The COVID-19 pandemic has created mass unemployment and income loss for many Americans, including those in Maryland. A moratorium administered by the state has been lifted, which means relief will be ending soon. Raymond Nevo ’20 argues it shouldn’t.
“Here in Maryland, the moratorium on utility shut-offs has been lifted and nearly 300,000 households, that we know of, will be getting their utilities disconnected just before Thanksgiving, right before winter, during a pandemic, if they cannot pay their balance in-full,” said Nevo. “We are still living in a pandemic, and as we head into the coldest months of the year, at a time when people are being asked to remain home as much as possible, it would be sadistic to disconnect struggling families from utilities simply because they owe a debt due to no fault of their own.”
In response to the pandemic, many states, including Maryland, opted to issue moratoriums on evictions and utility shut-offs. However, citing that the expiration has been extended multiple times to give families time to prepare, Maryland has lifted the moratorium and its associated support will end in upcoming weeks.
As a state policy & equity advocate at the National Housing Trust (NHT), this is not Nevo’s first time advocating on this topic. In April, after the state issued the moratorium on evictions, Nevo argued that the government should do more to assist newly unemployed residents from financial distress. According to Nevo, eviction moratoriums do not remove the responsibility of tenants to pay their rent and do not adequately protect residents when the moratorium expires.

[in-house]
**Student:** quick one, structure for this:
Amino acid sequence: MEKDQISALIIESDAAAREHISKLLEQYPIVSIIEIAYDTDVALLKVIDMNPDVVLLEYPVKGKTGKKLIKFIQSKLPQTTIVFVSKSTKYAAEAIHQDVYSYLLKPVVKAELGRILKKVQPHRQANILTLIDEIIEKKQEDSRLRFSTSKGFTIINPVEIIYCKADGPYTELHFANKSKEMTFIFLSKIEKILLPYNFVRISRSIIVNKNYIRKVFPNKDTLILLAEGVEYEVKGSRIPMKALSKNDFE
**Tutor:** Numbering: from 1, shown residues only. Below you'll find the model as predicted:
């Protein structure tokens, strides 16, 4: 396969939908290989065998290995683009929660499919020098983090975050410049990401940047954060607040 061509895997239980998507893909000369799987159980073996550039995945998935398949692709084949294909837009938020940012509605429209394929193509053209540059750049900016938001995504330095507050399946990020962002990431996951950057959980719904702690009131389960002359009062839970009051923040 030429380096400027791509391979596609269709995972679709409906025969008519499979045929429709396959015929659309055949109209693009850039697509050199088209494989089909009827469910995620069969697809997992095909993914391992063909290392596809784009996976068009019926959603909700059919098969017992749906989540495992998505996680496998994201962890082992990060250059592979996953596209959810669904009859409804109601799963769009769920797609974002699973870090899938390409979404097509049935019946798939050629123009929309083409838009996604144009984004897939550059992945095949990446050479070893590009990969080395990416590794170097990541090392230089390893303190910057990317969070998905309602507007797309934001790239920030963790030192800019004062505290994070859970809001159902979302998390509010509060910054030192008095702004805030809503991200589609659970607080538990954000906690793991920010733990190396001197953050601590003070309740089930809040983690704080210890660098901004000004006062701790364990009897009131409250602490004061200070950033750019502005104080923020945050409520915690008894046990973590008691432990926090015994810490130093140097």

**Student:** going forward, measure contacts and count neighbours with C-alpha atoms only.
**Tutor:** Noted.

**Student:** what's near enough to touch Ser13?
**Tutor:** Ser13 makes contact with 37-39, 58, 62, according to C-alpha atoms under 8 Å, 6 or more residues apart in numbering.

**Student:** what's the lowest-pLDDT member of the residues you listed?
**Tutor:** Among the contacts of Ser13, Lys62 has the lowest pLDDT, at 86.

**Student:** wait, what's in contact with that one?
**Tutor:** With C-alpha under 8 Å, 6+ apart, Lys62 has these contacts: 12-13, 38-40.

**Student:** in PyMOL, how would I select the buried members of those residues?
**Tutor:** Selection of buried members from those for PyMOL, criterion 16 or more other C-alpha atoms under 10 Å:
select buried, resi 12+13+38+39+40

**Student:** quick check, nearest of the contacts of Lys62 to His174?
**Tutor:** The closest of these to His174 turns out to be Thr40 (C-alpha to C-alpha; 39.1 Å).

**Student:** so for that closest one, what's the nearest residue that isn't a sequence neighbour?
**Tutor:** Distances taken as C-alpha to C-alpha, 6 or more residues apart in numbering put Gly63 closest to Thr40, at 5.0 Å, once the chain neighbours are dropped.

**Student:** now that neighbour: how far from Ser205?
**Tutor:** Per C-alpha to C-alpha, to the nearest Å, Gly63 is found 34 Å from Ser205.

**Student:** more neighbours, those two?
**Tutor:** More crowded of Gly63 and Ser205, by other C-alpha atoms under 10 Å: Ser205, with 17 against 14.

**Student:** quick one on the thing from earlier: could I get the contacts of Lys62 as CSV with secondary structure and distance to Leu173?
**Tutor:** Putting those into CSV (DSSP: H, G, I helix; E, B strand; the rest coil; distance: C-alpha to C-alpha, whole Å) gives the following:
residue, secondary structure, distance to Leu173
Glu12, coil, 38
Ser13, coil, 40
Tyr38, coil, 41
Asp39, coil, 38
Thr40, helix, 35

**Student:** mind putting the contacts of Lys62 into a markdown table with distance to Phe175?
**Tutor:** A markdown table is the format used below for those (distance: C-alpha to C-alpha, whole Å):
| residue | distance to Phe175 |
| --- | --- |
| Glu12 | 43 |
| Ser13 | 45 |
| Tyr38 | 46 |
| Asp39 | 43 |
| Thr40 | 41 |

Nevo said that his time at the School of Public Policy contributed to his desire to advocate on behalf of his fellow Marylanders and address issues that are often overlooked, especially within housing policy.
During my time at UMD, I developed an interest in housing policy and the intersections between housing, education and health, as well as the inequities that exist across all of those structures.Raymond Nevo '20
“During my time at UMD, I developed an interest in housing policy and the intersections between housing, education and health, as well as the inequities that exist across all of those structures,” Nevo said. “One professor, Michael Bodaken, noted my passion and introduced me to the [NHT]...I started this job six weeks before the March shut-down, and since then all of our coalitions have been working non-stop to ensure that people are able to remain in their homes and keep the lights on.”
Nevo proposes that the utility moratorium should be extended to March 2021, allowing families to get through the winter safely, with equitable repayment plans in place. He encourages any at-risk Maryland residents to attend the public hearings before the Maryland Public Service Commission on Nov. 9 and 10. Nevo and the NHT will be testifying on delaying the moratorium expiration, but they encourage residents to come forward with their own stories and needs.
“We need to hear from those who are at risk of disconnection,” Nevo said. “It is unclear how many Marylanders could be impacted, but we know in the Baltimore area alone there are 130,000 disconnection notices ready for delivery. This leaves us to believe that there are potentially hundreds of thousands of families on track to receive a disconnection notice.”